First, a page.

Registration materials are available and widely distributed, if I missed you please contact me for a copy.  You do not need to be a member of the Snappers but it is open only to drivers of pre1916 vehicles.  In the first two weeks of registration we have Hupmobile, Winton, Maxwell, White, Locomobile and Fords coming.  I hope to attract 40 vehicles and 100 people, however, all of our venues are large and there is no cutoff number.

 

In the photos, one day we received 4 applications, in the second is a view of Rondeau Bay in Lake Erie which is on our tour route and the final photo is how you will feel if you take a pass.

 

Regards, Gary

 

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Sounds like an exciting tour you're going to have Gary.

 

I'd almost be willing to offer to be a chase vehicle with my empty car trailer on the back of the Special for you but it's too close to the Buick National in Strongsville. 🤭

 

Keep us posted.

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Doug;  I am looking for help and you and Cindy would be welcome.  Members of my local car club, the Kent Historic Auto Club, have been asked to help park trucks and trailers on Sunday, July 12th, help man the hospitality room at the Travelodge and greet the guests and distribute the tour packages.  There may be a BBQ as well.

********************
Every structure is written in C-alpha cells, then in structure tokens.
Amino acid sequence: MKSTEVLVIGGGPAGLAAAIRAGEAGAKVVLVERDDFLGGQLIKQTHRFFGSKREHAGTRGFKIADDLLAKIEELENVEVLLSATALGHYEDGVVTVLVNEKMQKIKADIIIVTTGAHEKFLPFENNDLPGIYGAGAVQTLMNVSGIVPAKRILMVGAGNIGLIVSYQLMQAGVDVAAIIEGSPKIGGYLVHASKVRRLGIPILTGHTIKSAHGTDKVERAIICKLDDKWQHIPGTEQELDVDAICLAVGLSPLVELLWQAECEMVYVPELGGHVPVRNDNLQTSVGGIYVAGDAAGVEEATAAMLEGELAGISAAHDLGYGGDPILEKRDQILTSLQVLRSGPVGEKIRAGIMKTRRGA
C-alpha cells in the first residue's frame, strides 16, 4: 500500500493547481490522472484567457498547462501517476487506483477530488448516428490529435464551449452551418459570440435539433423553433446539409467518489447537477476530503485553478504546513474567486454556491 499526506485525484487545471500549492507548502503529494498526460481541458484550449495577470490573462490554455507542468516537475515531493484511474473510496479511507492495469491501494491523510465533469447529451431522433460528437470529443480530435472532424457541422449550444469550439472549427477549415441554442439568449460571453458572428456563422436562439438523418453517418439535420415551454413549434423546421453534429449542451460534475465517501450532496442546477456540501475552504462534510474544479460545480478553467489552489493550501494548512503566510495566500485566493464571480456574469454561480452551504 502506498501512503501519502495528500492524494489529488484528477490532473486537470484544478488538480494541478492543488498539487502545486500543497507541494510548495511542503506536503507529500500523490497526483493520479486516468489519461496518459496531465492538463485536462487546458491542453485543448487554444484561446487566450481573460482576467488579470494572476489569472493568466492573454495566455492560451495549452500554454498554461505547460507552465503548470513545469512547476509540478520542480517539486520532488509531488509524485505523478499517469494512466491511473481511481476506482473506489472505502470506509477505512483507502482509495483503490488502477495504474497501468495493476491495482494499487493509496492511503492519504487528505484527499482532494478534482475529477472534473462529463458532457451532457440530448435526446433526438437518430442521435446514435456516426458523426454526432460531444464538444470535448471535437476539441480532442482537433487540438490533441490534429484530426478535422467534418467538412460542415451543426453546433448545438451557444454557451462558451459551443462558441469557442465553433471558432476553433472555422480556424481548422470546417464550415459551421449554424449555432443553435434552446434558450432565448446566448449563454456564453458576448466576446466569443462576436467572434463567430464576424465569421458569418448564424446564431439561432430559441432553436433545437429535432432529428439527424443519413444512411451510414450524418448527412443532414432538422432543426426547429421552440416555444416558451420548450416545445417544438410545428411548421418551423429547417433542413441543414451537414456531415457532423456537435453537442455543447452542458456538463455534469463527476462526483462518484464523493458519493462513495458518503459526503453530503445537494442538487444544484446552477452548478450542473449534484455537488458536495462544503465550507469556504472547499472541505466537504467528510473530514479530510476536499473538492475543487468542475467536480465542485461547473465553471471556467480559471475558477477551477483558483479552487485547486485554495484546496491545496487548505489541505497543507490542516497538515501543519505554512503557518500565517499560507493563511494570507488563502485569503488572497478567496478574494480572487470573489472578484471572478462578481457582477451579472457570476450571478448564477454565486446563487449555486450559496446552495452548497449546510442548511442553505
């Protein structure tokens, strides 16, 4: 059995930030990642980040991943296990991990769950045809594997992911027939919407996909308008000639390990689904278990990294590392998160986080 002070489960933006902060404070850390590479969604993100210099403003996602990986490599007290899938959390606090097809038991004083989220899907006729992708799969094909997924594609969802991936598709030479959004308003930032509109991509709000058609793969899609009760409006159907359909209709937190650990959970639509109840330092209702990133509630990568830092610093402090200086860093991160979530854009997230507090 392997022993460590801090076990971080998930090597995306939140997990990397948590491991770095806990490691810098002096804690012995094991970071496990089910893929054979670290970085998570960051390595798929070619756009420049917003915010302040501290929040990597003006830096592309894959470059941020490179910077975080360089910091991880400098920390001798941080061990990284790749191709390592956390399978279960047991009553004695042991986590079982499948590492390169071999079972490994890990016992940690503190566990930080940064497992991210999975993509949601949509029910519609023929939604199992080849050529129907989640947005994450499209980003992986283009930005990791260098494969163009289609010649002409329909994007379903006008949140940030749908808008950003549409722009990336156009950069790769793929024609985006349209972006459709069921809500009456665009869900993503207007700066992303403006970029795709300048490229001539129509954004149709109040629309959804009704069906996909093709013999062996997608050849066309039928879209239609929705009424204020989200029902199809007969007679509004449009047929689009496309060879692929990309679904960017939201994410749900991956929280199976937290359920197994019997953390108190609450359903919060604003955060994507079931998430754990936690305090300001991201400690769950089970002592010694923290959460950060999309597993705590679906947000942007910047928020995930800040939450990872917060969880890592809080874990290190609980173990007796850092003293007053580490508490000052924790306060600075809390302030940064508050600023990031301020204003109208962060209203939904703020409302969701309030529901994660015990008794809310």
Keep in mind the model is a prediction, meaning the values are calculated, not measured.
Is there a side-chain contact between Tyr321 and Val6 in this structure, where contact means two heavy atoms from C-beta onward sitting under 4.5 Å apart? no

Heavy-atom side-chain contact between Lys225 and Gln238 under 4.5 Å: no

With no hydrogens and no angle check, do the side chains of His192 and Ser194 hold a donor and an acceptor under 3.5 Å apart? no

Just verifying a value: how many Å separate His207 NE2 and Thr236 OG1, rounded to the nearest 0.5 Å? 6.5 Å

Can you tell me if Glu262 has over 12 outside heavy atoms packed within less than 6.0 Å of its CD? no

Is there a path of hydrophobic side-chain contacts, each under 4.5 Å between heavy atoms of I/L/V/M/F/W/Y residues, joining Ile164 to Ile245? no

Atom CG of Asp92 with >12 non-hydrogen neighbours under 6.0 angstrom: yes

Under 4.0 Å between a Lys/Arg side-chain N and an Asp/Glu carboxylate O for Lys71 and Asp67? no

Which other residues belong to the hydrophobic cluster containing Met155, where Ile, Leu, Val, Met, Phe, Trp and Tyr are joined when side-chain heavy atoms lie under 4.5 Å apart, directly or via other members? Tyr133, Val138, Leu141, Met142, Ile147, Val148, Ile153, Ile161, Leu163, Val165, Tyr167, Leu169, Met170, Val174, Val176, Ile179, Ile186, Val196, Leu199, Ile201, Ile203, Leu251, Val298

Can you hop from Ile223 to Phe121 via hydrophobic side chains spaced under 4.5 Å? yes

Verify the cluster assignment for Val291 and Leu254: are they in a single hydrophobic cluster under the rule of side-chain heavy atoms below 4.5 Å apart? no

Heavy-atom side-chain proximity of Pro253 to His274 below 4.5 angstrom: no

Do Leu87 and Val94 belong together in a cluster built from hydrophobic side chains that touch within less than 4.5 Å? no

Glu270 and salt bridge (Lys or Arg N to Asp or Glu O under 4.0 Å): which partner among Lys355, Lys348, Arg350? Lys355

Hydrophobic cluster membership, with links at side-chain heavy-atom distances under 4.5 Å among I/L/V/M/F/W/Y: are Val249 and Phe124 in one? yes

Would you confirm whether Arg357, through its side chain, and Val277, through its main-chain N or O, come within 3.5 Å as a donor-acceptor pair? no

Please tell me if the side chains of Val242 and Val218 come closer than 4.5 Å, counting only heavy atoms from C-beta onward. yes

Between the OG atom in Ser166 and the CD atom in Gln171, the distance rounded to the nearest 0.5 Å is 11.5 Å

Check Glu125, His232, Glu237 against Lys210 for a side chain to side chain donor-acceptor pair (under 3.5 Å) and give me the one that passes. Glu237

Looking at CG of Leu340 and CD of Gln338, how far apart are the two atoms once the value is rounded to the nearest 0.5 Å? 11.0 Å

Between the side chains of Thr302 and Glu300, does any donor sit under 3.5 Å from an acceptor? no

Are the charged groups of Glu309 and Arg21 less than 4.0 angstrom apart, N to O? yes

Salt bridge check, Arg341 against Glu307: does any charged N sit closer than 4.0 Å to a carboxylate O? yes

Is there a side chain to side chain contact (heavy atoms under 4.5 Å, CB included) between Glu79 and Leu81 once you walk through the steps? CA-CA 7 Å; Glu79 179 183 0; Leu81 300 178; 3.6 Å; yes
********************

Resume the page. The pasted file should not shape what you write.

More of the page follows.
Some of the Buick drivers are leaving Chatham Thursday night and boarding the ferry from Leamington to Sandusky, Oh to attend both Fields, Factories and Firetrucks and the Buick Club National Meet.  The closing dinner carries a separate entry cost so the Buicks could opt out and not feel they are buying a meal they would miss.

 

I know you cannot do this, I've heard from nearby car clubs who are coming to Chatham Friday afternoon to see the cars and watch the British romantic comedy "Genevieve" on the big screen at the Capitol Theatre.

 

Regards, Gary

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On ‎12‎/‎20‎/‎2019 at 4:13 PM, dei said:

Sounds like an exciting tour you're going to have Gary.

 

I'd almost be willing to offer to be a chase vehicle with my empty car trailer on the back of the Special for you but it's too close to the Buick National in Strongsville. 🤭

 

Keep us posted.

 

Doug,